Market intelligence firm Newzoo estimates there are 143 million esports enthusiasts globally and 192 million occasional viewers. Leading esports organisations like Cloud9 are valued at $310 million, and global esports revenue is expected to reach $1 billion by 2020.

The momentum behind esports right now feels unstoppable; sporting legends like Michael Jordan, Shaquille O'Neal, and Rick Fox have staked various claims in the sector, while tech billionaire Tej Kohli recently launched a €50 million fund to support the industry in Europe.

The esports pie is wafting its delicious potential around the neighbourhood, as investors and developers alike float eagerly towards the unguarded windowsill, hoping to get a slice of their own.

Despite the sector's potential however, it's still emerging, and fraught with peril at that. While 2018 has been yet another strong year in a long line of strong years, it also saw the first two major casualties, when Blizzard announced it was ceasing esports endeavours around Heroes of the Storm, and Daybreak Games was forced to shut down the H1Z1 Pro League before completing its inaugural season.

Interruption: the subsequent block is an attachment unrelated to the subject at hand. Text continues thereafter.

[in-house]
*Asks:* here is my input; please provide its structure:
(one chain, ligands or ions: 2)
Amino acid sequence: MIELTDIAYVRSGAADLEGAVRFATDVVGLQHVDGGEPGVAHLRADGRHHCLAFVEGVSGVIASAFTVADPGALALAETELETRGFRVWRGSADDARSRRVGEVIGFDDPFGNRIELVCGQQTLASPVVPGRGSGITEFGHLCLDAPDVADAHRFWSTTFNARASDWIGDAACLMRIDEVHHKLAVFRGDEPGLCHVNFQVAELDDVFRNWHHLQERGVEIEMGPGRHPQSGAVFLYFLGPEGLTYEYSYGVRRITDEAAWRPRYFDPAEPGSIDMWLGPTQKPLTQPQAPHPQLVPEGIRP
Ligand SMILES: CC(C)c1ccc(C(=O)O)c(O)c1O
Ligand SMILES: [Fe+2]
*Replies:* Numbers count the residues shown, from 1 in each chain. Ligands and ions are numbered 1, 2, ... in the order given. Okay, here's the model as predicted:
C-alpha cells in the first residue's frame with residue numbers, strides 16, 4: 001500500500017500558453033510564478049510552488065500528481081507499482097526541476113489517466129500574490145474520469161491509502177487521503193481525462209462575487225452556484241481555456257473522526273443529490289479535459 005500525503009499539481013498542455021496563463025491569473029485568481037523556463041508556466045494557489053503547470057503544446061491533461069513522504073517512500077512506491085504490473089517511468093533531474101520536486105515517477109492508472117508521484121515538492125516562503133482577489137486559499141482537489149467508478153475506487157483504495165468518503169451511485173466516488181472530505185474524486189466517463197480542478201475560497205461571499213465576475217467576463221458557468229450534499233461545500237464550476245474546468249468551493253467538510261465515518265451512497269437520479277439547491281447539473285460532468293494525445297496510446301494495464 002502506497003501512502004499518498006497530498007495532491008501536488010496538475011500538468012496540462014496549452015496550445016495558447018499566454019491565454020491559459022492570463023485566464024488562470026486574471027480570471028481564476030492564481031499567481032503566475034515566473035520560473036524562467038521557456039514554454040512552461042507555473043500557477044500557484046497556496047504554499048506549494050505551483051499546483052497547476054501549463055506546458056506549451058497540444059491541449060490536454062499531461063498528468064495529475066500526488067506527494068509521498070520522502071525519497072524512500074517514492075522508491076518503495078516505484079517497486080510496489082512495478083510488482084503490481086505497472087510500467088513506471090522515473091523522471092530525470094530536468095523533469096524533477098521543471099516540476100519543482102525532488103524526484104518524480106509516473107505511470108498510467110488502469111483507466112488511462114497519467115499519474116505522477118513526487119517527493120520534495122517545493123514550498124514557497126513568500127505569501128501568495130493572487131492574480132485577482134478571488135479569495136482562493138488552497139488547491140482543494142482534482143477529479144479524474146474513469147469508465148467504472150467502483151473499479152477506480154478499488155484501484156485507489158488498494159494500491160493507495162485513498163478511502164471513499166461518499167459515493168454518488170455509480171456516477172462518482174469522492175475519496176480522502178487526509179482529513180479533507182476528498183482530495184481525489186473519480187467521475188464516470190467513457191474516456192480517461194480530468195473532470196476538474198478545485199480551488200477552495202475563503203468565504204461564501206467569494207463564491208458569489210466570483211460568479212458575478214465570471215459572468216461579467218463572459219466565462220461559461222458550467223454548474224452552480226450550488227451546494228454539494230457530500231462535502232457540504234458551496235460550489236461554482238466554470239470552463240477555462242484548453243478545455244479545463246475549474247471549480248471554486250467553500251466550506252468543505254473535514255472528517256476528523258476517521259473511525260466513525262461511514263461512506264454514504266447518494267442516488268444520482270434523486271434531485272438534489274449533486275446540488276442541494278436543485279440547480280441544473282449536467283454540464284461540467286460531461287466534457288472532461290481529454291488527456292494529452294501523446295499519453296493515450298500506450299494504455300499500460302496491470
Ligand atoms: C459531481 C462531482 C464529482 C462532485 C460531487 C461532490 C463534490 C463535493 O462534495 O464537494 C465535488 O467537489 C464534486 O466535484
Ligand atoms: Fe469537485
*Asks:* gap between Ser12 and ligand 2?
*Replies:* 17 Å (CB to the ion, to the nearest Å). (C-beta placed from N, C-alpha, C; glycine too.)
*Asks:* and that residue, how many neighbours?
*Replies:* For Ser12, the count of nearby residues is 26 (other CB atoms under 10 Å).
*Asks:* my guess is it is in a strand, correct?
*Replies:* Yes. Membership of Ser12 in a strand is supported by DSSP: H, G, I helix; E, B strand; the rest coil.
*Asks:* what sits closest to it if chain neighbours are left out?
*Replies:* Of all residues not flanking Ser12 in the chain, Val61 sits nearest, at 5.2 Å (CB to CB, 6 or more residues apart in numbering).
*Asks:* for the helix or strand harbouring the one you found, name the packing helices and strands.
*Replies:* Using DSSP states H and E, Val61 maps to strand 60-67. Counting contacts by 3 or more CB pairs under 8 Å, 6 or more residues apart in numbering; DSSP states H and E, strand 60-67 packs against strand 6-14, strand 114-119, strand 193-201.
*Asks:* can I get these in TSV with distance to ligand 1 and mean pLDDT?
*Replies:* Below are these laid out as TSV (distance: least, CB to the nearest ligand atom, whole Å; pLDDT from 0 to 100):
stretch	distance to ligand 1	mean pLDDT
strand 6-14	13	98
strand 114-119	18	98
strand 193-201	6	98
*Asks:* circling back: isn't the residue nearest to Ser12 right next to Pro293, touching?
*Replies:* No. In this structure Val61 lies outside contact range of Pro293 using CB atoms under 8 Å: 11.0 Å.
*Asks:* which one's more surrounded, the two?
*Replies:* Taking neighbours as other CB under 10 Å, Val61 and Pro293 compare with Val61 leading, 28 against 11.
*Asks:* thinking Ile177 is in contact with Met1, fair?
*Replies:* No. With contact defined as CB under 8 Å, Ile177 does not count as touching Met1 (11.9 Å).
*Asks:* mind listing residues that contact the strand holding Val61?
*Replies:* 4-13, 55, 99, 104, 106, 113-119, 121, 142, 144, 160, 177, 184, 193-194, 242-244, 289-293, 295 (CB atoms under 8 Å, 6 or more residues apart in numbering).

Since then Daybreak has reportedly laid off 70 employees -- roughly 30% of its total staff. This shouldn't have came as a surprise given that the H1Z1 player base had declined by 91% between July 2017 and February 2018. Even so, studio management went ahead with the Pro League in partnership with Twin Galaxies, promising $50,000 player salaries and dozens of matches over a ten-week split.

"The esports pie is wafting its delicious potential around the neighbourhood, as investors and developers alike float eagerly towards the unguarded windowsill"

What's perhaps most striking about this situation is that Daybreak Games clearly believed esports was the golden ticket. Earlier this year, general manager Anthony Castoro said that H1Z1 leaving Early Access -- along with its new suite of features -- would be enough to attract new and returning players to the game.

But finding success in the esports sector takes more than a "build it and they will come" approach. Even if you grow an audience of millions, professional leagues are loss leaders. It was naive of everyone involved to think the H1Z1 Pro League would end in anything other than disaster given the game's ailing health.